Tag Archives: Gregg Heffner

At the heart of the DSS Children’s Fund are committee co-chairs, from left, Deanne Myers, Marcia Birdsell, and Carol Lee. Maria Downey is absent from the photo. For almost 30 years, the DSS staff has organized a toy giveaway for needy families. More than 1,600 children received gifts last Christmas.

DSS annual Children’s Christmas Project is a community effort

DSS annual Children’s Christmas Project
At the heart of the DSS Children’s Fund are committee co-chairs, from left, Deanne Myers, Marcia Birdsell, and Carol Lee. Maria Downey is absent from the photo. For almost 30 years, the DSS staff has organized a toy giveaway for needy families. More than 1,600 children received gifts last Christmas.

For almost three decades, employees at the Oswego County Department of Social Services have been helping families in need during the holiday season.

The annual Children’s Christmas Fund has grown from a toy giveaway initially aimed at foster children to include more than 1,600 children in 600 families last Christmas.

“I am extremely proud of our DSS staff and their commitment to this project,” said DSS Commissioner Gregg Heffner. “The Children’s Christmas Fund first began by providing gifts to foster children, but now has expanded to provide gifts to any child who may otherwise receive little or nothing for Christmas. The project is supported entirely by community donations. No federal, state or county funds are used.”

Staff members Deanne Myers, Carol Lee, Maria Downey and Marcia Birdsell are at the heart of the project.

For Myers, the Children’s Fund is a family commitment. “There are many nights my daughters and I shop for the Children’s Fun,” she said. “They help pick out items children might enjoy for Christmas. I find giving my time very rewarding and my family is right there by my side. I like to think that what we do will make a difference for a child who will have that smile on their face on Christmas, or the parent who may be a little less stressed out over the holiday season because we were able to help them.”

The committee credits DSS retiree Connie Day with doing “a ton of work” to get the program off the ground more than 20 years ago. Altogether, about 15 to 20 staff members and their families work year-round to organize the project, searching for bargains and shopping throughout the year to make sure there are appropriate gifts for every child in need.

“The committee gives much of their own time each year to make this project happen,” said Lee, a senior typist who has been involved in the program since 1989. “The staff members coordinate the number of toys with the numbers of kids in need to make sure we have enough for each age group. It is very rewarding to know that we are helping to make Christmas possible for families who otherwise might have to go without gifts for their children.”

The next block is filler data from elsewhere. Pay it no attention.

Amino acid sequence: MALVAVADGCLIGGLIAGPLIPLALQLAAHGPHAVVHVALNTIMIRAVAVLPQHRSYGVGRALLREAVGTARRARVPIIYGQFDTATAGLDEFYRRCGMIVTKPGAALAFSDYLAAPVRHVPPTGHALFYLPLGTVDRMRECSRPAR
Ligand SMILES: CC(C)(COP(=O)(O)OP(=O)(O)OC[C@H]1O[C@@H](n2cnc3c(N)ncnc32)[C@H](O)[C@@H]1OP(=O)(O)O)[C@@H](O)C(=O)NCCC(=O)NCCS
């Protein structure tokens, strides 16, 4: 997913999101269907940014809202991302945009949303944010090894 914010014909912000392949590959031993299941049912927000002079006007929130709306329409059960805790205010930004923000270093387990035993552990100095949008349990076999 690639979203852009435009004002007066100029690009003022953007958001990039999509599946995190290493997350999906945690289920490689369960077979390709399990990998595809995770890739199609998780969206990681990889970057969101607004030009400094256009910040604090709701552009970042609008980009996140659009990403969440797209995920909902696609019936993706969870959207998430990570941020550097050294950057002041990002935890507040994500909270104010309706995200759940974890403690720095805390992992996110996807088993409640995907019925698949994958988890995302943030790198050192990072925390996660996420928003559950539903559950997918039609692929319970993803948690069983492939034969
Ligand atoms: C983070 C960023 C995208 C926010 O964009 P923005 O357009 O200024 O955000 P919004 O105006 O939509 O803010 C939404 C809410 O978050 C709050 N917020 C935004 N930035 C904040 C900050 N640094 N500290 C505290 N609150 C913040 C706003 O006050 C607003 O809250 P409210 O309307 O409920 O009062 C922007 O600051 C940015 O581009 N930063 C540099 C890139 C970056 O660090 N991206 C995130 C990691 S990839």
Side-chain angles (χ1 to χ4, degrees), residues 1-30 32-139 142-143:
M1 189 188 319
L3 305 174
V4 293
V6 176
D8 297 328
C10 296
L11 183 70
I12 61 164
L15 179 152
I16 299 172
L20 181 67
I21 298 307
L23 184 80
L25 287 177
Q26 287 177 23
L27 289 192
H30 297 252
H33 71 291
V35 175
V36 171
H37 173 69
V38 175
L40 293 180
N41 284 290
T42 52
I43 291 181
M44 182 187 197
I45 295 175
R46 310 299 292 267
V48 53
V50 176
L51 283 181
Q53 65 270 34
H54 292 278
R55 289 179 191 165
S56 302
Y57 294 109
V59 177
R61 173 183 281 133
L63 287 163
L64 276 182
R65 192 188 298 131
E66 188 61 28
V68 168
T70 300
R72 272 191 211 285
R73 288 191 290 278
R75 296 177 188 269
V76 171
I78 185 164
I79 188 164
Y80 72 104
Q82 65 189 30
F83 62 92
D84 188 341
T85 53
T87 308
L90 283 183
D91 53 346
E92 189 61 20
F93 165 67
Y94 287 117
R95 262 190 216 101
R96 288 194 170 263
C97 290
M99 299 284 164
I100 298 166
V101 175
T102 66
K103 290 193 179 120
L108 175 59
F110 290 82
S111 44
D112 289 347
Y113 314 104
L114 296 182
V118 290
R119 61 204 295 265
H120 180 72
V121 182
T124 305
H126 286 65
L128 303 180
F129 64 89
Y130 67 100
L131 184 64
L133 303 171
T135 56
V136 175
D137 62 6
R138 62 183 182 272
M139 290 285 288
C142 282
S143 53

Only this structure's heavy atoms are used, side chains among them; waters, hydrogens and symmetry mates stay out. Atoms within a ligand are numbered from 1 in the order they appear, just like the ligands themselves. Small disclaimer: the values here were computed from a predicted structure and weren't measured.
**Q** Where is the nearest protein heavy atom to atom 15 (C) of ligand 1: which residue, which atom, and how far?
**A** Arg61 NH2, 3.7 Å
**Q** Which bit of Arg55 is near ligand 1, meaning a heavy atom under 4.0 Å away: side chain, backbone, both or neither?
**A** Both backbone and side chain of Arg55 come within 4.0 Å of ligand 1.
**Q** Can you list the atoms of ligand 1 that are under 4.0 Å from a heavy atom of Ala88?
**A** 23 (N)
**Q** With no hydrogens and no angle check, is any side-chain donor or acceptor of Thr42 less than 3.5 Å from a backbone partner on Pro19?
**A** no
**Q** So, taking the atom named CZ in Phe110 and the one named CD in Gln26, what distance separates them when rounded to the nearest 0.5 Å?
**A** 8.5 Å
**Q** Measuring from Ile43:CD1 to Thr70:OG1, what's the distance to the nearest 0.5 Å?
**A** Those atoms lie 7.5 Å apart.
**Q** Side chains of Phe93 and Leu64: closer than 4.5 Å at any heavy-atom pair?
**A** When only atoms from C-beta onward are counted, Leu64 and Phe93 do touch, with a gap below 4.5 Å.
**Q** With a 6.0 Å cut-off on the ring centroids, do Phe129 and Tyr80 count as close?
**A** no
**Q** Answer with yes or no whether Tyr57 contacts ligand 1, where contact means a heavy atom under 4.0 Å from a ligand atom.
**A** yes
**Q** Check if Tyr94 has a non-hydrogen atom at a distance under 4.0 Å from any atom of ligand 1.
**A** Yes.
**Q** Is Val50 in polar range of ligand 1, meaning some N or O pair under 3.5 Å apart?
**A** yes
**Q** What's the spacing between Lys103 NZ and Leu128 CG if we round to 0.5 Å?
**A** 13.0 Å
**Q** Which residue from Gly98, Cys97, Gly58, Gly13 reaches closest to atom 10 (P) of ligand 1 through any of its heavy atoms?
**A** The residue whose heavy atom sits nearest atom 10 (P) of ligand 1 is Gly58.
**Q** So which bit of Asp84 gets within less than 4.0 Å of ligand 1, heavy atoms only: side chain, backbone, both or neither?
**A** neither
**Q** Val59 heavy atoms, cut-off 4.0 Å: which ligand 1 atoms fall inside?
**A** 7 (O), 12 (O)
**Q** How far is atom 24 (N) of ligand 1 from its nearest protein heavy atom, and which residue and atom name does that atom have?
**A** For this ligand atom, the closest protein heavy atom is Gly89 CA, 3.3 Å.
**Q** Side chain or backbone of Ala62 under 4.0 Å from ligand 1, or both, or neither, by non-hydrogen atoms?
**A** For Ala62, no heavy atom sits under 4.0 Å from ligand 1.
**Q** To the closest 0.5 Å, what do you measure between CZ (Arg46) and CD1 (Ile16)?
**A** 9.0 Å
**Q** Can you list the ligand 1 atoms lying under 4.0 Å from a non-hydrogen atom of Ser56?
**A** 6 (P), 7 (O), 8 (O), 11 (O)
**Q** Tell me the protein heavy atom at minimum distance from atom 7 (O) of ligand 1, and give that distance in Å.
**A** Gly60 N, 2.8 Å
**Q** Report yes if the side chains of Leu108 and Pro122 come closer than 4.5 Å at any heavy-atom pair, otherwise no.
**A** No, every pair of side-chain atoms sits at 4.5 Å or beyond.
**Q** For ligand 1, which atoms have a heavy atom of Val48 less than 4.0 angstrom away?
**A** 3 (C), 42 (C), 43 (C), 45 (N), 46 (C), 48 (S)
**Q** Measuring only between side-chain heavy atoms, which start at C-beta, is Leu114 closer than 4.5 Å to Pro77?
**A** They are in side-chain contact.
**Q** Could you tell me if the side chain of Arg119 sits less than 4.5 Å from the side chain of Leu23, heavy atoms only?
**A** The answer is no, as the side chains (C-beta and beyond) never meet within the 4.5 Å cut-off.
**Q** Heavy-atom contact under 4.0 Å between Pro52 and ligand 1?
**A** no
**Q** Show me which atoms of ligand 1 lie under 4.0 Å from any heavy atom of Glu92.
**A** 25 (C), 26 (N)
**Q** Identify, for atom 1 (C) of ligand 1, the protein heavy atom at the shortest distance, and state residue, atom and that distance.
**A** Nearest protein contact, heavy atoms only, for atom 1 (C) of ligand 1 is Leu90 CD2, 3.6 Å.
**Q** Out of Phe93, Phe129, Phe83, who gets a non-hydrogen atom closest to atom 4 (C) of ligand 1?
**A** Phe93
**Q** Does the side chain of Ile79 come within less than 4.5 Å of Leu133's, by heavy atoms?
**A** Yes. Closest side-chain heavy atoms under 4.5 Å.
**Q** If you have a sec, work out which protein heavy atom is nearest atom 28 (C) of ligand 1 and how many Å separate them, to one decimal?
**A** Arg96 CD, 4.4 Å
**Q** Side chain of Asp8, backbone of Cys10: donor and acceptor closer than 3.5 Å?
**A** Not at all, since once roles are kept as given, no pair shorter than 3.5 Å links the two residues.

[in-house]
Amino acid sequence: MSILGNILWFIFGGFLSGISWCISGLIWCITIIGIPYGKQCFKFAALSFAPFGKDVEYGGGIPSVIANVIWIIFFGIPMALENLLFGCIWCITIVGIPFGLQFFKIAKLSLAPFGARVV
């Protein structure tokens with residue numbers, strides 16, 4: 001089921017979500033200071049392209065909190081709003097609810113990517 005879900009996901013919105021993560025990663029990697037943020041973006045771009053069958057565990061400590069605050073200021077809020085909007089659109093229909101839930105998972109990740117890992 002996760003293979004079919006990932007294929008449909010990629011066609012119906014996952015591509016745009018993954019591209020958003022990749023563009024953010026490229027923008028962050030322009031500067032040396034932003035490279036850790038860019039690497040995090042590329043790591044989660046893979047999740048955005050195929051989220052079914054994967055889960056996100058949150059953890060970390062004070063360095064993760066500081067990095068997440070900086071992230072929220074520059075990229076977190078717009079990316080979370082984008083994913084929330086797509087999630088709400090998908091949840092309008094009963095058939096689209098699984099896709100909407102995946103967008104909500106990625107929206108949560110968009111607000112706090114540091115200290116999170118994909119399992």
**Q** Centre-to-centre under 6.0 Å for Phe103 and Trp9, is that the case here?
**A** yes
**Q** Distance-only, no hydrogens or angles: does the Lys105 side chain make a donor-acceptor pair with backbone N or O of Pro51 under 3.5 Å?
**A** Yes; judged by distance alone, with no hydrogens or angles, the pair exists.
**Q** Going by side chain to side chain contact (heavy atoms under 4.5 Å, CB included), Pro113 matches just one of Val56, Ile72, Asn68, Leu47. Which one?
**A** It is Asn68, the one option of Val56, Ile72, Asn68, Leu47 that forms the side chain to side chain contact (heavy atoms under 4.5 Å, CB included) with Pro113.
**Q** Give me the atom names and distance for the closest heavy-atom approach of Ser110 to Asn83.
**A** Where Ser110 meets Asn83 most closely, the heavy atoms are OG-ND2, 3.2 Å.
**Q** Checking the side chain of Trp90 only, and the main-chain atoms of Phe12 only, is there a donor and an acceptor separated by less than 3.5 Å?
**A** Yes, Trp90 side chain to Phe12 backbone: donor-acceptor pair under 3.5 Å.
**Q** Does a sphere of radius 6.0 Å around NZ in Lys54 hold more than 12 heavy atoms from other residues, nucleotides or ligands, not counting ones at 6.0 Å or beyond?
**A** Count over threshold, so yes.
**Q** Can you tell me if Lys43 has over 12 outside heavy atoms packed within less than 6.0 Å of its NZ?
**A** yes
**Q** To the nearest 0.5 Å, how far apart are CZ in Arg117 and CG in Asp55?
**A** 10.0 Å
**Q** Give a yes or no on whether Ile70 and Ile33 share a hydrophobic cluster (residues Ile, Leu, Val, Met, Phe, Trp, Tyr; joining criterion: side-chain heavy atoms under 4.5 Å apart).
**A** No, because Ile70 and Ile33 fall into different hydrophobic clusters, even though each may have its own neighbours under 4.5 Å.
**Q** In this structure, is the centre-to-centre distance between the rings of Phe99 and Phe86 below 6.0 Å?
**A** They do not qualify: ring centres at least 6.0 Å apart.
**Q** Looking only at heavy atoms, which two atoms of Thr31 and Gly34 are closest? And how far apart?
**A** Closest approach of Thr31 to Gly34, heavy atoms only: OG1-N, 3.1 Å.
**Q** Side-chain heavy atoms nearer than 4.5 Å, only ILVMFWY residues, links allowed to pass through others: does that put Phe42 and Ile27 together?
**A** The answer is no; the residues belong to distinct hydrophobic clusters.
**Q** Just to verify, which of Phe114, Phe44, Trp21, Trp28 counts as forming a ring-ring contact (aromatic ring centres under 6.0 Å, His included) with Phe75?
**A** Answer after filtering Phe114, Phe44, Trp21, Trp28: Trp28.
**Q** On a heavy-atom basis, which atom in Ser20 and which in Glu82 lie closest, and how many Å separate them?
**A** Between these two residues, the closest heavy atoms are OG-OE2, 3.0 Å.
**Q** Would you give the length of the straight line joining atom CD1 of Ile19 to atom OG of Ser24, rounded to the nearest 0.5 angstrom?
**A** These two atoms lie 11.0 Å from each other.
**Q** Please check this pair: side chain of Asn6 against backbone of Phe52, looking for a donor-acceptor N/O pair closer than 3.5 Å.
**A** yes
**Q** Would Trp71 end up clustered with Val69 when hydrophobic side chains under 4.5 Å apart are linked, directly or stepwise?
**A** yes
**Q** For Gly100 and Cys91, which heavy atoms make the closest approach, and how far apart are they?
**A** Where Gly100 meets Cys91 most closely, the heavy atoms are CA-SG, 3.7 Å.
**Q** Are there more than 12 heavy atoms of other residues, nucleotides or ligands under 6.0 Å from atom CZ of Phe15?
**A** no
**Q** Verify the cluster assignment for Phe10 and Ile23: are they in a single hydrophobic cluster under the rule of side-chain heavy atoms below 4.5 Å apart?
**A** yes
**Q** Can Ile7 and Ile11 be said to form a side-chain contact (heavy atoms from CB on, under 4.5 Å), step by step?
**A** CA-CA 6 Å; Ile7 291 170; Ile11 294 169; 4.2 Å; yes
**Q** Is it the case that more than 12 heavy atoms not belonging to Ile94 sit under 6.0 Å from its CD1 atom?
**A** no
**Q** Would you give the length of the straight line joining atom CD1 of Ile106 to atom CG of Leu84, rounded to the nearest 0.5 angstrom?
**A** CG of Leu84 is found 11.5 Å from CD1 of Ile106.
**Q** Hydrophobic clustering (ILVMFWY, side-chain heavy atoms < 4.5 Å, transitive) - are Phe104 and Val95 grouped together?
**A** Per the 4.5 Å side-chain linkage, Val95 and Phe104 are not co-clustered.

“Although this project consumes a lot of our personal time, I don’t think twice about volunteering each year because it is extremely gratifying,” added Birdsell. “The generosity of the community as we collect donations of money and toys makes me proud to be a resident of Oswego County. And I have spoken to so many parents that break down and cry with gratitude because they didn’t know how they were going to provide toys for their children for Christmas. I can just picture the children on Christmas morning, finding the toys that the project provides under the Christmas tree. That is what makes the time commitment worthwhile.”

With difficult economic times, the list of families has grown each year. DSS staff hold fund-raisers throughout the year to support the children’s Christmas project.

“Every year we think we won’t have enough items for all the families to get something,” said Myers. “Yet each year, we are totally amazed at how much comes to us from the community, workers here at DSS, and companies that donate either toys or monetarily. I’m in awe to see how generous people are to complete strangers, when all they know is that someone needs help.”

The program would not be possible without the help and support of many businesses and organizations across Oswego County.

“Every toy that is given to a child is purchased by members in the community, including workers right here at DSS,” said senior typist Maria Downey. “We are totally amazed how much comes to us from the community, workers here at DSS, and companies that donate either toys or monetarily.”

Toys are distributed on a referral basis only. Families needing assistance may contact the Department of Social Services at 963-5000, or fill out an application form at the DSS office. Families are screened for eligibility requirements.

The deadline to apply is Monday, Nov. 26. This year’s toy distribution will be Saturday and Sunday, Dec. 15 and 16. Families will receive an appointment letter informing them of the time and location to pick out their toys.

“It gives you a really good feeling to be able to make Christmas a little brighter for so many of Oswego County’s families, especially in this difficult economic climate,” said Birdsell. “Regardless of the economic hardships people are confronted with, the community still stands by each other to provide a helping hand.”

Monetary donations and new, unwrapped toys are needed. To arrange for delivery or pick up of toy donations, call Birdsell at 963-5396, Lee at 963-5246, Myers at 963-5305 or Downey at 963-5361.

Checks should be made payable to United Way/Children’s Fund and mailed to the Oswego County United Way, c/o of Doreen Clark,1 S. First St., Fulton, NY 13069.

Bob and Mary, a City of Oswego couple, often relies on family and friends for coupons for food shopping. The family of three receives $30 a week in food assistance for 21 meals, which is roughly $1.42 per meal.